A Thaw in Catholic-Russian Orthodox Ties?

Patriarchate Welcomes Archbishop´s Words

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MOSCOW, MAR. 23, 2001 (Zenit.org).- Relations between Catholics and Russian Orthodox may be thawing, even though the Moscow patriarch has expressed his opposition to a possible visit by John Paul II.

In an interview with Interfax agency, Catholic Archbishop Tadeusz Kondrusiewicz of Moscow acknowledged that at the beginning of the 1990s, there were incidents of violence in three Ukrainian dioceses between Orthodox and Greek-Catholics. The latter were trying to recover the churches taken from them by Stalin´s order, after the country was annexed to the Soviet Union.

Archbishop Kondrusiewicz emphasized that “Christians must solve all problems, including those relating to property, through negotiation. Since the time of Christ, the violent method has never been approved by the Church.”

The archbishop said he believes a meeting between John Paul II and Orthodox Patriarch Alexis II of Moscow “would help to resolve many of these painful questions” and “the best thing for all is that we sit down as soon as possible at the negotiating table.”

Archbishop Kondrusiewicz rejected the accusation of “proselytism,” leveled against Catholics by the Moscow Patriarchate. “Contrary to what is said, we do not attract Russians by promising them humanitarian aid.” He added: “If there are persons who come to us and say they want to be Catholics, we cannot reject them just because they are Russians.”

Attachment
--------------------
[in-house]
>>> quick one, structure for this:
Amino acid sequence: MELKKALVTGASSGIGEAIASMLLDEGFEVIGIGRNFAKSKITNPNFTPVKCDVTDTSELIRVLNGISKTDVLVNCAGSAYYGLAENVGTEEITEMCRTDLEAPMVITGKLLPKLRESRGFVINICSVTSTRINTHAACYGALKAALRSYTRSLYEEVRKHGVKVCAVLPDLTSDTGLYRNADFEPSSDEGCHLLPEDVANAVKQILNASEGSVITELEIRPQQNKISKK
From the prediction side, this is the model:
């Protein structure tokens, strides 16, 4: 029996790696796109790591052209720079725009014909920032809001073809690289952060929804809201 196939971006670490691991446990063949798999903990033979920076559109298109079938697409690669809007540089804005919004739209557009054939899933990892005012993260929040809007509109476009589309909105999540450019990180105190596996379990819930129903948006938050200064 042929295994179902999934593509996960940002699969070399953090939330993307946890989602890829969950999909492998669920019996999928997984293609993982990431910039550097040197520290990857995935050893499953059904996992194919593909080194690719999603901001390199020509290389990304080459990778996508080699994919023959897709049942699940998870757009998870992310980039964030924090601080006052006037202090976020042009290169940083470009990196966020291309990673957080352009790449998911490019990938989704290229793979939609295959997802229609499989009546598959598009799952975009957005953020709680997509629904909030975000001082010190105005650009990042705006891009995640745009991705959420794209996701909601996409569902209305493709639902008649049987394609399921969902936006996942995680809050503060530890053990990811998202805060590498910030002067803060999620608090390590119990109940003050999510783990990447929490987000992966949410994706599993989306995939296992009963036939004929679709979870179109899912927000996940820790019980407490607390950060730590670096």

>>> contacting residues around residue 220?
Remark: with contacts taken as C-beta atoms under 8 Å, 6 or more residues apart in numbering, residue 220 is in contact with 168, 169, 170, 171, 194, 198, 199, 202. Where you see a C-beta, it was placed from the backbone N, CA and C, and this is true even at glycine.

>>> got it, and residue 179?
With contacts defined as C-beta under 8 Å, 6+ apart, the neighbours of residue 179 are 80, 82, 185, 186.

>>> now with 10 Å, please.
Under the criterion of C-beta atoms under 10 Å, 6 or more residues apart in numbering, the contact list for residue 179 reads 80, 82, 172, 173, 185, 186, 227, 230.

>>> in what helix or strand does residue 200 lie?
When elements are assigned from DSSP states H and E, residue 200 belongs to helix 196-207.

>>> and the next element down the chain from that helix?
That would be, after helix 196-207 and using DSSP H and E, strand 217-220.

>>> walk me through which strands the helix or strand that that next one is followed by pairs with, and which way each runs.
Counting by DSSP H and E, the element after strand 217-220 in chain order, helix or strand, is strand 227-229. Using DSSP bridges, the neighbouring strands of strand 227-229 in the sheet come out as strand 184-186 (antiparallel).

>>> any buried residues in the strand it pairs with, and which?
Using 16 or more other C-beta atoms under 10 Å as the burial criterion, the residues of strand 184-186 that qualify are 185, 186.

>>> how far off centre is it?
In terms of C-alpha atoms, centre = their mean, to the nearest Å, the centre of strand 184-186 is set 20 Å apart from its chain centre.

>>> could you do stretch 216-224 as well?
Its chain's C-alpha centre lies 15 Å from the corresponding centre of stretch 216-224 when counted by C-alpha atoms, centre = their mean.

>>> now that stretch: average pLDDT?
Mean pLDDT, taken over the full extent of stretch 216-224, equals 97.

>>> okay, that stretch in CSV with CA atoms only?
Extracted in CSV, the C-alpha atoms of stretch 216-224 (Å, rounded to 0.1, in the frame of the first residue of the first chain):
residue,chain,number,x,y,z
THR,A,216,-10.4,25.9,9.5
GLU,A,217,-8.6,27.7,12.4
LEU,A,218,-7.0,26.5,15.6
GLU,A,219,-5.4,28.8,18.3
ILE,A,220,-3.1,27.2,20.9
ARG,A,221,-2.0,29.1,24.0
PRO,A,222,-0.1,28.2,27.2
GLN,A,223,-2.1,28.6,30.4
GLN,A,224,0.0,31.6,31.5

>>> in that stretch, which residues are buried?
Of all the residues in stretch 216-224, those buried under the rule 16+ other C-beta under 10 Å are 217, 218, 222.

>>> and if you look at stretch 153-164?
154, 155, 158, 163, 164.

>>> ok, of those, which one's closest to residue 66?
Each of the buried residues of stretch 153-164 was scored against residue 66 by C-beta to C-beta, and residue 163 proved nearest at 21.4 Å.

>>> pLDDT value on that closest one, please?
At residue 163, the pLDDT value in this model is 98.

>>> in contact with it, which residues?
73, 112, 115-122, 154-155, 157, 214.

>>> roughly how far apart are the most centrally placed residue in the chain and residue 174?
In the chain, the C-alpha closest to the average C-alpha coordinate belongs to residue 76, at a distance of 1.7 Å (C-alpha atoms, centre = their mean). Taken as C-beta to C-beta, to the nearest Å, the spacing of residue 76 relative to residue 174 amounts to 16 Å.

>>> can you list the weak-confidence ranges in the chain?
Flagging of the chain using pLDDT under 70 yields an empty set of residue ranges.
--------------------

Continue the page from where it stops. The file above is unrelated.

The Moscow Patriarchate reacted in an interview on radio Ekho Moskvy with Metropolitan Archbishop Kiril, member of the Sacred Synod, and head of the patriarch´s foreign affairs section.

Archbishop Kiril said that the Orthodox Church “welcomes” (“privetstvujet”) the words of Archbishop Kondrusiewicz on the violence, which involved Greek-Catholics in western Ukraine, because it is “the first declaration of this kind.”

However, the Orthodox archbishop stressed that the conflict in western Ukraine between Christians of the two confessions is “a challenge for the whole of European civilization.” At the same time, the archbishop believes that the situation of the Orthodox in the region is “a violation of the rights of man and of religious liberty.”

Metropolitan Archbishop Kiril did not deny the possibility of a meeting between the Pope and Moscow´s Orthodox patriarch. He added, however, “It must be a truly historic event, and not just a protocol meeting.”

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